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Obituaries

Doug Michels, 59; Avant-Garde Architect Co-Designed Cadillac Monument in Texas

June 23, 2003|Dennis McLellan | Times Staff Writer

Doug Michels, an avant-garde architect and designer whose best-known public art piece, Cadillac Ranch -- a line of 10 vintage Caddies buried hood down and tailfins up off the interstate near Amarillo, Texas -- became an American cultural icon, has died. He was 59.

Michels, who co-designed the popular roadside artwork with two colleagues in 1974, died about 11 days ago while climbing alone to a whale observation point at Eden Bay near Sydney, Australia, where he was working with a production crew on a film about whales.

An autopsy was being conducted to determine the time and cause of death, said Michels' father, Robert.

In 1968, Michels and Chip Lord co-founded the Ant Farm, a San Francisco-based collective so named because of members' "underground" thinking about architecture.

"It was exciting to work with him because he took chances, and he thought big," Lord, now chairman of the film and digital media department at UC Santa Cruz, said Friday.

In 1972, Michels, Lord and Houston architect Richard Jost designed and built the House of the Century, a futuristic-looking house made of thin-shell concrete outside Houston. It won a design citation from Progressive Architecture Magazine (now called Architecture).

The Ant Farm's work attracted the attention of Stanley Marsh 3, a millionaire Amarillo businessman, who gave Michels, Lord and Ant Farm artist Hudson Marquez an open-ended invitation to propose outdoor artwork.

Cadillac Ranch was installed on an open piece of Marsh family property next to Interstate 40, which had replaced Route 66. It made its public debut in June 1974.

The Caddies, ranging in model vintage from 1949 to 1964, had been found in salvage yards and used car lots and through ads in the local paper. The most expensive was the 1949 model, which cost $700.

"All three of us grew up in the '50s when the Cadillac was a big social status symbol, but we lived through the '60s and the whole outlook changed," said Lord. "So we envisioned Cadillac Ranch as a roadside monument depicting the rise and the fall of the Cadillac tailfin."

The monument, which a pleased Marsh dubbed a "Stonehenge for America," has a powerful, disorienting effect on drivers who encounter it on the flat Texas Panhandle.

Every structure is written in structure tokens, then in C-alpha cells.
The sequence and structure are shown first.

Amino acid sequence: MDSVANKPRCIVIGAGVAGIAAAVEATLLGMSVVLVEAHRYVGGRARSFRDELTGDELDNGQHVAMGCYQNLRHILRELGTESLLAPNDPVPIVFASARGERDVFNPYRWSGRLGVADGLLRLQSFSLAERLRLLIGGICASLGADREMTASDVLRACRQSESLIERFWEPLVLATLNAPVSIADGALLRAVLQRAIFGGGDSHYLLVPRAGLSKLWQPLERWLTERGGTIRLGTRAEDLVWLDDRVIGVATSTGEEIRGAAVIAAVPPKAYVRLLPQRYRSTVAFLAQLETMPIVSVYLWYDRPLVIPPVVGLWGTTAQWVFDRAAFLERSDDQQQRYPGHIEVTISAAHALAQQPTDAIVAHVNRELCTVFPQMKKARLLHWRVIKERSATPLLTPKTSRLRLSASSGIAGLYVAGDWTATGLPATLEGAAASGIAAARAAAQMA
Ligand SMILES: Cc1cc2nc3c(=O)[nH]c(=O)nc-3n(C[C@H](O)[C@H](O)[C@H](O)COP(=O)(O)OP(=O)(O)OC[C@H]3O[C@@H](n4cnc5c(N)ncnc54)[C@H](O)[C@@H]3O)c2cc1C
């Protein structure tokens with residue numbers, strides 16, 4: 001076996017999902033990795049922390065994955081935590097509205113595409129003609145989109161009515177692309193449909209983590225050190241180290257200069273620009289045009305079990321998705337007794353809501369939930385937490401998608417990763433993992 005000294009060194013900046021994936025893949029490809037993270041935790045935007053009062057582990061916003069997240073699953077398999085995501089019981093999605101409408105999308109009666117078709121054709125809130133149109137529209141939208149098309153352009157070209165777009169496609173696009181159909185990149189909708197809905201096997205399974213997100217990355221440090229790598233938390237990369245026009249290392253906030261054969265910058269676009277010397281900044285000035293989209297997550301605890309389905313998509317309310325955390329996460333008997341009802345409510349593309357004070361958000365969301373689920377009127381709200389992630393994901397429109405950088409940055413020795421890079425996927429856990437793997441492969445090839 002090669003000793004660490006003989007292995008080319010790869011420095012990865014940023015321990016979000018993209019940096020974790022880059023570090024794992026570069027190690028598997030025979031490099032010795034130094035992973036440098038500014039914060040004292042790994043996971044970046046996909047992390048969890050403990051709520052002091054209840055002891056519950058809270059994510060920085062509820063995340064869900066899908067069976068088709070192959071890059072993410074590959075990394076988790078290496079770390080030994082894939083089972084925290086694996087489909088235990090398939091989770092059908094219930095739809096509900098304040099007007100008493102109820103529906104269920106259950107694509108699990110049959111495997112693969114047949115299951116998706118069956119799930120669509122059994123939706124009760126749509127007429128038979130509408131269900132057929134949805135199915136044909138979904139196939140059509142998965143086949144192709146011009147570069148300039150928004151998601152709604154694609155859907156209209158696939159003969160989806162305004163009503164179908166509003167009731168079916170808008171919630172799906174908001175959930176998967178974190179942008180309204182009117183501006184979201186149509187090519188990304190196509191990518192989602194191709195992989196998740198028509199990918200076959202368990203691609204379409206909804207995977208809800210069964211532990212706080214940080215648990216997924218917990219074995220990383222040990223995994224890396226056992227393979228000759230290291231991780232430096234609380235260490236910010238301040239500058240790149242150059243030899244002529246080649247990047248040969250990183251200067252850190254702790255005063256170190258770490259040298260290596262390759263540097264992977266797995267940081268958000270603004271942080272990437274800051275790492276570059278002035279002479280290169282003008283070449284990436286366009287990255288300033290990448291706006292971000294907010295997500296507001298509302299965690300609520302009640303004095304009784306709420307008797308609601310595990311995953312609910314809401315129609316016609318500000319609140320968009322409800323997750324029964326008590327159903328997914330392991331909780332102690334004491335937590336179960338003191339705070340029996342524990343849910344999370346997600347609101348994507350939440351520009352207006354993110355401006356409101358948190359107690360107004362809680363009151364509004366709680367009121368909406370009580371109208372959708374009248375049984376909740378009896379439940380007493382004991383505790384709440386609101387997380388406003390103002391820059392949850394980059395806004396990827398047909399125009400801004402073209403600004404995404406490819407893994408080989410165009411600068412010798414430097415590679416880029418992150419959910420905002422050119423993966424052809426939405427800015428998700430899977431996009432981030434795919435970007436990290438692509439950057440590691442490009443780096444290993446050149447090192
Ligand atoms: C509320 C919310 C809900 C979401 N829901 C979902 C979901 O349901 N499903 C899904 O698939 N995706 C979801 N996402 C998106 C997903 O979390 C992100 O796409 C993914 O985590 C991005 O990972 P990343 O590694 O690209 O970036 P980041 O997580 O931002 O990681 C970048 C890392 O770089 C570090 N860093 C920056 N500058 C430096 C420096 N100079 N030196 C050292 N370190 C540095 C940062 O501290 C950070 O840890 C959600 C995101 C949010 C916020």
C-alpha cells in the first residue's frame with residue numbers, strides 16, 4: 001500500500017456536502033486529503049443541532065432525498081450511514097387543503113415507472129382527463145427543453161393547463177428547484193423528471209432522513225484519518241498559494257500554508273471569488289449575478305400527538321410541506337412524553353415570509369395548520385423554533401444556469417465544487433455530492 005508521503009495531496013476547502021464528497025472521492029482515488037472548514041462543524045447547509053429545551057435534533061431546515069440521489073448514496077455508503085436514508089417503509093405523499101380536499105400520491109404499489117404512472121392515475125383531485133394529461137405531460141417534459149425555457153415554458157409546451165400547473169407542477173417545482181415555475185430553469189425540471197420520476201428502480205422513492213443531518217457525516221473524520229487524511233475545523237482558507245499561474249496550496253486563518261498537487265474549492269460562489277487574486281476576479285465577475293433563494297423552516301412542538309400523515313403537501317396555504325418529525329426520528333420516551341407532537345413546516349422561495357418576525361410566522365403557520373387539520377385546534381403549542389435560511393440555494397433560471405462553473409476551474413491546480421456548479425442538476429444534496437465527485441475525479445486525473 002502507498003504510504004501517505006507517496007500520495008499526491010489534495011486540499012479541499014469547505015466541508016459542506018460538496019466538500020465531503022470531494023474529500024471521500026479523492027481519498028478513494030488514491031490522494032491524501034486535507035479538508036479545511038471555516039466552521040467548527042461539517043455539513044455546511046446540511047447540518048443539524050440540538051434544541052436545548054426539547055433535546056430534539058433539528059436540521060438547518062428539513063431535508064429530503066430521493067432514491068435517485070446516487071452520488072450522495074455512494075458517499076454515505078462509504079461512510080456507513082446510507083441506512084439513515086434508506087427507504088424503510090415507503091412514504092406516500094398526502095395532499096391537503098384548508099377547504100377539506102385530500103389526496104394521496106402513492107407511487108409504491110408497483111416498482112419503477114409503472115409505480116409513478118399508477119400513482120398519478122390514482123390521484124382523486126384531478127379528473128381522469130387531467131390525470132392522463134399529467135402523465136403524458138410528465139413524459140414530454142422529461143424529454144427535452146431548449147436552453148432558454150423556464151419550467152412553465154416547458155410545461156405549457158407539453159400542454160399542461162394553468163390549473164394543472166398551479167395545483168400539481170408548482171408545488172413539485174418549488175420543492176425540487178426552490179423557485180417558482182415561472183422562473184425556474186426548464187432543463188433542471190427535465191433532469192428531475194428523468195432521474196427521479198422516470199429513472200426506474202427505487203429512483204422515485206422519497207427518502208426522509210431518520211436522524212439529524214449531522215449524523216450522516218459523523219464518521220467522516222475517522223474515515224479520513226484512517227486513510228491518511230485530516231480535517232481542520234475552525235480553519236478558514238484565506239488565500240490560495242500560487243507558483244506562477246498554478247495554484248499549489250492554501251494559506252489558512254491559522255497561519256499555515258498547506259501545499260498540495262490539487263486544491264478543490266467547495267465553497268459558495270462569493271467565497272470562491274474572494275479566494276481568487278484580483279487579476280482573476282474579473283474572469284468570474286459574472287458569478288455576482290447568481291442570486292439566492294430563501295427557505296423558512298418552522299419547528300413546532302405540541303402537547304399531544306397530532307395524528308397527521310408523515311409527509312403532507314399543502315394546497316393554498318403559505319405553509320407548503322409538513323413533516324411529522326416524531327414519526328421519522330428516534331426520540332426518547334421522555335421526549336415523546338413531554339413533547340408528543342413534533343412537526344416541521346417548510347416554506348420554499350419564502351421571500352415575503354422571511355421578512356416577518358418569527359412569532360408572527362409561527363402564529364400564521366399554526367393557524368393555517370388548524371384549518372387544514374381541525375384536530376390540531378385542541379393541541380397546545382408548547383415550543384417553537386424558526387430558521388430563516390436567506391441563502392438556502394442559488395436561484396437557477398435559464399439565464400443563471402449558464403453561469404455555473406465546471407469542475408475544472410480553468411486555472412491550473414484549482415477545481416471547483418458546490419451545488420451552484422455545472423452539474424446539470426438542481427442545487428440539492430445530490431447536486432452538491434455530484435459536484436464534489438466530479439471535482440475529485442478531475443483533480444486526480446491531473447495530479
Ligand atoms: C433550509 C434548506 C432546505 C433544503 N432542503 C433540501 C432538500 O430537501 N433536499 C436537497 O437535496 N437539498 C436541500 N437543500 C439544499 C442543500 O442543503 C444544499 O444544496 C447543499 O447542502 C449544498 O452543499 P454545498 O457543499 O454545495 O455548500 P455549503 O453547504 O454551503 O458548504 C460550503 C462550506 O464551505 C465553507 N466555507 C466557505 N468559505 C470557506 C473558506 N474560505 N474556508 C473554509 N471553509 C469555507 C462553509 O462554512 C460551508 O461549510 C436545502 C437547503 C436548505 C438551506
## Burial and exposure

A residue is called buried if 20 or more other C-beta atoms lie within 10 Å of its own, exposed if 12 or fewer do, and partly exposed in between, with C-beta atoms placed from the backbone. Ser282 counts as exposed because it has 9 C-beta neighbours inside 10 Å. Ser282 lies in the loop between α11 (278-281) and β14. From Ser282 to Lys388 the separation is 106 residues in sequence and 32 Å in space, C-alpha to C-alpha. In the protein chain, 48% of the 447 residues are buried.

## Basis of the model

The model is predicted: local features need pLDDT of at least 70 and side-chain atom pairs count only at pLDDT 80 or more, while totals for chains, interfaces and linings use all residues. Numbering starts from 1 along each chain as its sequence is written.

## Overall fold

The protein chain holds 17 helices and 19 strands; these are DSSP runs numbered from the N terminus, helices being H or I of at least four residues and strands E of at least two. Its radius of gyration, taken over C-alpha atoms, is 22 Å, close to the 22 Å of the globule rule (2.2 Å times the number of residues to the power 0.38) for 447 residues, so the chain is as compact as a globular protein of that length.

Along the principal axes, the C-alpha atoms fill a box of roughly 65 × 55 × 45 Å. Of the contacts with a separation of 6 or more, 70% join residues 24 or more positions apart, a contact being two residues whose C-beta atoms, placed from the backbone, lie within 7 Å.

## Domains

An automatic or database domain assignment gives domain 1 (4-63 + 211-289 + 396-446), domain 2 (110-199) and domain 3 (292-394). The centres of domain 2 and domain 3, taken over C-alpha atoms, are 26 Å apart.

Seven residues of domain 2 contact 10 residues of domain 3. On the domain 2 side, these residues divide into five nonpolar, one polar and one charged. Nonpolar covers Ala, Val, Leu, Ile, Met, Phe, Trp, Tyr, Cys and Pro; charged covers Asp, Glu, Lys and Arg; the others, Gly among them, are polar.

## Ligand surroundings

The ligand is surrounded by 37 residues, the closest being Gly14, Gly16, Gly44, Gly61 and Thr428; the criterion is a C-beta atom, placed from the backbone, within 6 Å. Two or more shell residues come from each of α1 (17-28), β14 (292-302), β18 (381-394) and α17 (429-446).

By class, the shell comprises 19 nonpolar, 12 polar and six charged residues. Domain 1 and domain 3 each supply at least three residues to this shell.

"We knew that when we created it that it would be the image seen ' round the world,' " Michels said in 1994. "We expected it to become a famous artwork. We didn't expect it to achieve icon status."

Indeed, Bruce Springsteen wrote and recorded a song about it, his 1980 "Cadillac Ranch," inspired by his visit to the Cadillac burial ground.

"Bruce Springsteen gave it cultural legitimacy," Michels said. "He took it from being an obscure, avant-garde artwork to being an American icon."

Cadillac Ranch, which has appeared in ads, TV commercials and on the cover of Mad magazine, continues to draw visitors from around the world.

"It's America's most beloved roadside attraction," Marsh, who still lives on the edge of Amarillo, said Friday. "We could go out there right now and there would be three or four cars stopped."

"I just think Doug's brilliant," Marsh said. "He understood architecture and roadside attractions and modern America."

Cadillac Ranch, variously referred to in the local press as the "car crash" and "the pileup," has evolved over the years.

As Amarillo spread out, the Caddies were moved three miles farther out of town.

The half-buried cars also have been repainted occasionally -- pink for Valentine's Day, as well as red and "patriotic blue." And they have been splattered with graffiti.

About a year ago, the Cadillacs were gussied up with fresh paint and new tires, courtesy of Hampton Hotels as part of its Save-a-Landmark program to rehabilitate landmarks along historic Route 66.

The Ant Farm dissolved in the late '70s, but not before creating another form of public art and social criticism: a mock spectacle at the Cow Palace in San Francisco called "Media Burn."

On July 4, 1975, TV news crews captured Michels, in a jumpsuit and helmet, and his similarly clad co-pilot slipping into the cockpit of the "Phantom Dream Car," a white, customized Cadillac that resembled an airship.

They then drove the car through a pyramid of burning TV sets.

"Now, I ask you, my fellow Americans, haven't you ever wanted to put your foot through your television set?" a man impersonating President Kennedy said in kicking off the videotaped event.

Born in Seattle on June 29, 1943, Michels studied architectural design at Catholic University in Washington, D.C., and at Oxford University in England before graduating with a degree in architecture from Yale University in 1967. He also did graduate work in architecture at Harvard.

In between designing projects for clients around the world, Michels taught at Rice University, Texas A&M University, the University of California system and the University of Houston, where, from 1999-2000, he served as adjunct professor and director of the architecture college's FutureLab design studio.

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